Anti-Sacred Fashion: The Use of Profane Performative Costumes in the Black Metal Music and Performances of Nergal and Behemoth

Lee Barron*

*Corresponding author for this work

Research output: Contribution to journalArticlepeer-review

Abstract

The article examines the ways in which fashion and costume represent and communicate distinctive anti-authority sentiments and ideological positions and is based on a case study of the Polish Black Metal artist Adam Darski, otherwise known as Nergal. The article critically explores the ways in which costumes worn by Nergal are confrontational in terms of their subversion of religious garments, adornments, and symbols as part of an artistic and political strategy designed to communicate profane stances and critiques in the context of the Catholic church in Poland. The article investigates the communicative nature of costume and fashion, focusing on popular music, and the genre of heavy metal, and relates this analysis to the sociology of Emile Durkheim and Marcel Mauss in terms of their conceptions of the sacred and the profane and ritual practice. As such, Nergal (in the music of Behemoth and Me and That Man), via extreme metal music, fuses occultist philosophy with the aesthetic of Black Metal to design and communicate a distinctive oppositional position, in which the use of profane fashion and costume is a central and crucial factor.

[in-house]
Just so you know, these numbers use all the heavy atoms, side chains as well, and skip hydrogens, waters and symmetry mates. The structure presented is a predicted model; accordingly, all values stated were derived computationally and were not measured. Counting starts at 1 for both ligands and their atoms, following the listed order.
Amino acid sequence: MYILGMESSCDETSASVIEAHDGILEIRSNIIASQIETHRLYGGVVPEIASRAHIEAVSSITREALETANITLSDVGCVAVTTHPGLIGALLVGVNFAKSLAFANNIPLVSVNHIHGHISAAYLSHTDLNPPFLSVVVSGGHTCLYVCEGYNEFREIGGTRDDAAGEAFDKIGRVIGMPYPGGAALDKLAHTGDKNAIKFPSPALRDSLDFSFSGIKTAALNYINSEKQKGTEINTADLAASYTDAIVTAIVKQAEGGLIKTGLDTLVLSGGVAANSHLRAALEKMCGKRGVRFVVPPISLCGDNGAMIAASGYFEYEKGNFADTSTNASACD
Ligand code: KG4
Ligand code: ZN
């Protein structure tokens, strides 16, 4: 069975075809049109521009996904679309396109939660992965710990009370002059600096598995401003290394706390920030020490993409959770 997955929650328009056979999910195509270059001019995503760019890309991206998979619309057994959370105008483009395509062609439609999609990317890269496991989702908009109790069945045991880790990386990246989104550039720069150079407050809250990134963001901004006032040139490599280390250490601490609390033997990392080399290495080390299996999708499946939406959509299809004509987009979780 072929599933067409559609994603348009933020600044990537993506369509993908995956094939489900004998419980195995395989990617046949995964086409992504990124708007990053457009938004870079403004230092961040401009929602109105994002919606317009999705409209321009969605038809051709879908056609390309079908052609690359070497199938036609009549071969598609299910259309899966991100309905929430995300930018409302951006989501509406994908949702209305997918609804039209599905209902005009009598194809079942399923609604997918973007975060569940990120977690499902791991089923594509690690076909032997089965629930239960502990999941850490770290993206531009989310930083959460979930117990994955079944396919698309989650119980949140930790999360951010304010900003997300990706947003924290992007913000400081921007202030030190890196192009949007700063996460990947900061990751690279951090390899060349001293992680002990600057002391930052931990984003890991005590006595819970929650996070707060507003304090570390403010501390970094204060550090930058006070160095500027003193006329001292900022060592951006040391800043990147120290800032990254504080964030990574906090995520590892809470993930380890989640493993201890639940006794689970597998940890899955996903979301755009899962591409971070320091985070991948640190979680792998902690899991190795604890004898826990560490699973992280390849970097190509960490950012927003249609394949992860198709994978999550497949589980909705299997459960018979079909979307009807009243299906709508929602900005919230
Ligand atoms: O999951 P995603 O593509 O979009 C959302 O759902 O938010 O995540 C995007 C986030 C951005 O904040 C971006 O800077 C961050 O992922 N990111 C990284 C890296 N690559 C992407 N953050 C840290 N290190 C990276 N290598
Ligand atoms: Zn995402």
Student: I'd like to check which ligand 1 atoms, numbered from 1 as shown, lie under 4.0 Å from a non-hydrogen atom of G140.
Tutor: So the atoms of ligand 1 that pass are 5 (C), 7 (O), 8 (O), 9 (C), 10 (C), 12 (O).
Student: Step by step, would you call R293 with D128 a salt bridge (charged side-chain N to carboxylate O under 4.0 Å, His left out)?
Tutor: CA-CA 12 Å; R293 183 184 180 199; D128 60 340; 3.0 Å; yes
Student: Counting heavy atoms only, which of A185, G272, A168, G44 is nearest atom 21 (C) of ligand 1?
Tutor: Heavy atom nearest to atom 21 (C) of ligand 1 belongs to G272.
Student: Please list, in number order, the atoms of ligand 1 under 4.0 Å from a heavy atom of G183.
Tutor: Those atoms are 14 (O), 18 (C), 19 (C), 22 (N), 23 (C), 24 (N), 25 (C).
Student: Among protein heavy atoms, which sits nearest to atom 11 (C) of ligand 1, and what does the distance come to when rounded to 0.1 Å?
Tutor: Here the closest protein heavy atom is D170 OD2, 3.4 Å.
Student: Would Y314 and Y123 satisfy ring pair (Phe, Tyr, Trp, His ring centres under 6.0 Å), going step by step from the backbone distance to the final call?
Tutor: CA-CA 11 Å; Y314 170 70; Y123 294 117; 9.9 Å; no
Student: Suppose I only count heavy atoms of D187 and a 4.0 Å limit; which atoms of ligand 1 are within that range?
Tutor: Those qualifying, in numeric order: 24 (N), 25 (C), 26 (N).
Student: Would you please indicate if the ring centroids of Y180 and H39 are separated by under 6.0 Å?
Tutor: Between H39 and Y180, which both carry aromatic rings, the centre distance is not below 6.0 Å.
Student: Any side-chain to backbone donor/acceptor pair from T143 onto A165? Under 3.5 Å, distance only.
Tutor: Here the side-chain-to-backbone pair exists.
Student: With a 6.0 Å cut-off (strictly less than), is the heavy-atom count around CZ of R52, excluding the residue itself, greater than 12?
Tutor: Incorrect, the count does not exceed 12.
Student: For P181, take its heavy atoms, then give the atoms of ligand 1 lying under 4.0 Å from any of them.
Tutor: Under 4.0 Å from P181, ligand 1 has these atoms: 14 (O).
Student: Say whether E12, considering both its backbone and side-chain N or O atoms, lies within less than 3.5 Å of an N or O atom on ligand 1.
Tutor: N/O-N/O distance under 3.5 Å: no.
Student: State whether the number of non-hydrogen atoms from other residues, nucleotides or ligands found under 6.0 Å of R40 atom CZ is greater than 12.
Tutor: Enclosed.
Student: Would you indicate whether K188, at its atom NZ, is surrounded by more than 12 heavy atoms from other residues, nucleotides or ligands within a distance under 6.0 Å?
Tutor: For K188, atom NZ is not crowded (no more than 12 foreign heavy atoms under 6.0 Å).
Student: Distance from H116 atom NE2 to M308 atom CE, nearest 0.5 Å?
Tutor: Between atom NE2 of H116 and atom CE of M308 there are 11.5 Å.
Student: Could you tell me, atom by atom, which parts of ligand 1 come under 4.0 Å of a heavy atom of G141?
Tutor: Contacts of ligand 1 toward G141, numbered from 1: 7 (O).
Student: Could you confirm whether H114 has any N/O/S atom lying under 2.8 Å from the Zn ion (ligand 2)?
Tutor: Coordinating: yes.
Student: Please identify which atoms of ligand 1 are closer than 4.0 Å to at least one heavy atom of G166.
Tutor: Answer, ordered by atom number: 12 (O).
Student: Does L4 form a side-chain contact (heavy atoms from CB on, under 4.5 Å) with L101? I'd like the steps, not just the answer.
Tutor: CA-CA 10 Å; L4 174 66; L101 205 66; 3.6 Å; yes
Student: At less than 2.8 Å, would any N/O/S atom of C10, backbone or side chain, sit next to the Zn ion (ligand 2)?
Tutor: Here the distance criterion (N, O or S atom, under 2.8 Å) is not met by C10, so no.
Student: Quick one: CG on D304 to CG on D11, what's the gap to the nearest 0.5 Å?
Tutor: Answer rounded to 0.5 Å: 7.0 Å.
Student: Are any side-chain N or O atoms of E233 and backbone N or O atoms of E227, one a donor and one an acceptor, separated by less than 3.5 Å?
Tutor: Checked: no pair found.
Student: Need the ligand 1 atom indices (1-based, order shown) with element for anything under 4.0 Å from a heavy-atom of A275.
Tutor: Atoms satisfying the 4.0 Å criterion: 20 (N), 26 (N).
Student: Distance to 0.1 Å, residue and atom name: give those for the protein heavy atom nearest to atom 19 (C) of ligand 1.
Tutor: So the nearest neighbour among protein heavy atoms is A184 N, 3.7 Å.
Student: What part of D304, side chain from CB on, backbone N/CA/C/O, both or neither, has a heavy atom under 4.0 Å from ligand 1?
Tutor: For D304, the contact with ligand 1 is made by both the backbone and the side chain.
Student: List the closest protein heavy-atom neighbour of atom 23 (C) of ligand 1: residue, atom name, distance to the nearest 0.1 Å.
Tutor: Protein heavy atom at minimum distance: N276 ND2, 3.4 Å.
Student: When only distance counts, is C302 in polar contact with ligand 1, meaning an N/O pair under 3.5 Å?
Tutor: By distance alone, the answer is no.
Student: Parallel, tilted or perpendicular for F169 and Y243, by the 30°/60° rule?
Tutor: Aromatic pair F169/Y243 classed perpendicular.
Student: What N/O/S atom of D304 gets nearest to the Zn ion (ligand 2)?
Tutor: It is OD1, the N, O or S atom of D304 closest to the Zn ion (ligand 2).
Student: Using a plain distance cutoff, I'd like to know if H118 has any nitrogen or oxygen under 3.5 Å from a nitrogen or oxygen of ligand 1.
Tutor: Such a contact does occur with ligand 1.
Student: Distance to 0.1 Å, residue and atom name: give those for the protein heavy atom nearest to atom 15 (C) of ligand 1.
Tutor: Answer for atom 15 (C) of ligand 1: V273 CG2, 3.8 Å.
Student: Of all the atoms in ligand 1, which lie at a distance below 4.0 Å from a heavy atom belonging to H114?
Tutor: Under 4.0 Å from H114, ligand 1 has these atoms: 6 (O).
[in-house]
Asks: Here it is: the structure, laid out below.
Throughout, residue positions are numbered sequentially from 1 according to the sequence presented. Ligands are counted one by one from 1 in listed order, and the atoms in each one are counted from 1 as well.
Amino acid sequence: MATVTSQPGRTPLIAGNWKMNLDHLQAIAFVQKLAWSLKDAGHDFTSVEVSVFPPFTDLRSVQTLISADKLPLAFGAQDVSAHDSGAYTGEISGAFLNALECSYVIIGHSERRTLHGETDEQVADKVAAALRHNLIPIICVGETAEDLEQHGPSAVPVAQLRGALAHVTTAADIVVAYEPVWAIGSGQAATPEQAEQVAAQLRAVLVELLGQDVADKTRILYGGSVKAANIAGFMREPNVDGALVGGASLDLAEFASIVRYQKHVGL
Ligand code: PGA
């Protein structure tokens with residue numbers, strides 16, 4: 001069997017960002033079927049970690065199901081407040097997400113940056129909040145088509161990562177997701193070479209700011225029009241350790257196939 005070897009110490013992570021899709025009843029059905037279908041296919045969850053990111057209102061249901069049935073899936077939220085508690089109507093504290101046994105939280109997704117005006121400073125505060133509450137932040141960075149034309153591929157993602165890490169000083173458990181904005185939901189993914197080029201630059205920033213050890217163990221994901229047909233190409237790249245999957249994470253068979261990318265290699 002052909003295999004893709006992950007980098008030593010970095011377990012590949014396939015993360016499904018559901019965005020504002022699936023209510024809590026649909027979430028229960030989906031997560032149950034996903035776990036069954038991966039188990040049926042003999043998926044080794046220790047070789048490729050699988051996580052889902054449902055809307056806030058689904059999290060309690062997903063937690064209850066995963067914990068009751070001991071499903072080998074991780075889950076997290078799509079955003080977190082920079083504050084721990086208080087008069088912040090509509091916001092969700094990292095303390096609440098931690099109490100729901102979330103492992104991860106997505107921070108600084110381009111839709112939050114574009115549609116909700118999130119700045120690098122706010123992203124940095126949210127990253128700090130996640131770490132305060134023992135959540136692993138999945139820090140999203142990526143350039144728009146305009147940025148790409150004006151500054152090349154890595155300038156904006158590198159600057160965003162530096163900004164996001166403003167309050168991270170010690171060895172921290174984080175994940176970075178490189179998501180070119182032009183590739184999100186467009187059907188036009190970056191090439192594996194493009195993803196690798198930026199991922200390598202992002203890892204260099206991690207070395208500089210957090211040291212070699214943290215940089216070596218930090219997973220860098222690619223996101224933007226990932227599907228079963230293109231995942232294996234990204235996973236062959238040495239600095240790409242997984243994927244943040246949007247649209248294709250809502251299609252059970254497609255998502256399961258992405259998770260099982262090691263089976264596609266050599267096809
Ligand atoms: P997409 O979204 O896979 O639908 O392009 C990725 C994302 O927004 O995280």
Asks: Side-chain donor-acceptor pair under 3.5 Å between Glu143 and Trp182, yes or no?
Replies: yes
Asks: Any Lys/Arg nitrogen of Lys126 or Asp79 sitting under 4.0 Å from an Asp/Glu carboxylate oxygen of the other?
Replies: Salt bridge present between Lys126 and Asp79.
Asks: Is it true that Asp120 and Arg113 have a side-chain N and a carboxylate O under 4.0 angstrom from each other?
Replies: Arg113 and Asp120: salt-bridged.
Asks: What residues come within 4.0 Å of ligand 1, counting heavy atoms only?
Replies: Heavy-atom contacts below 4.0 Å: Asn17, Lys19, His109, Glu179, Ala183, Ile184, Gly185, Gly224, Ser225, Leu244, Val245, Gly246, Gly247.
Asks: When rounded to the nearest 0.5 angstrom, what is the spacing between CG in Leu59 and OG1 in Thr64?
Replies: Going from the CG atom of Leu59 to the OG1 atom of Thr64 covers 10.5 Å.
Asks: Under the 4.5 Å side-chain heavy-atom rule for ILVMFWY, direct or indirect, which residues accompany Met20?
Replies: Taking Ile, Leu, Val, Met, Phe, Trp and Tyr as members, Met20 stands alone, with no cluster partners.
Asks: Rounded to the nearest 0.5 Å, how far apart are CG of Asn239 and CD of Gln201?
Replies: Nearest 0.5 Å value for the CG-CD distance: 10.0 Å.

Original languageEnglish
JournalFashion, Style and Popular Culture
Publication statusAccepted/In press - 22 Dec 2023

Cite this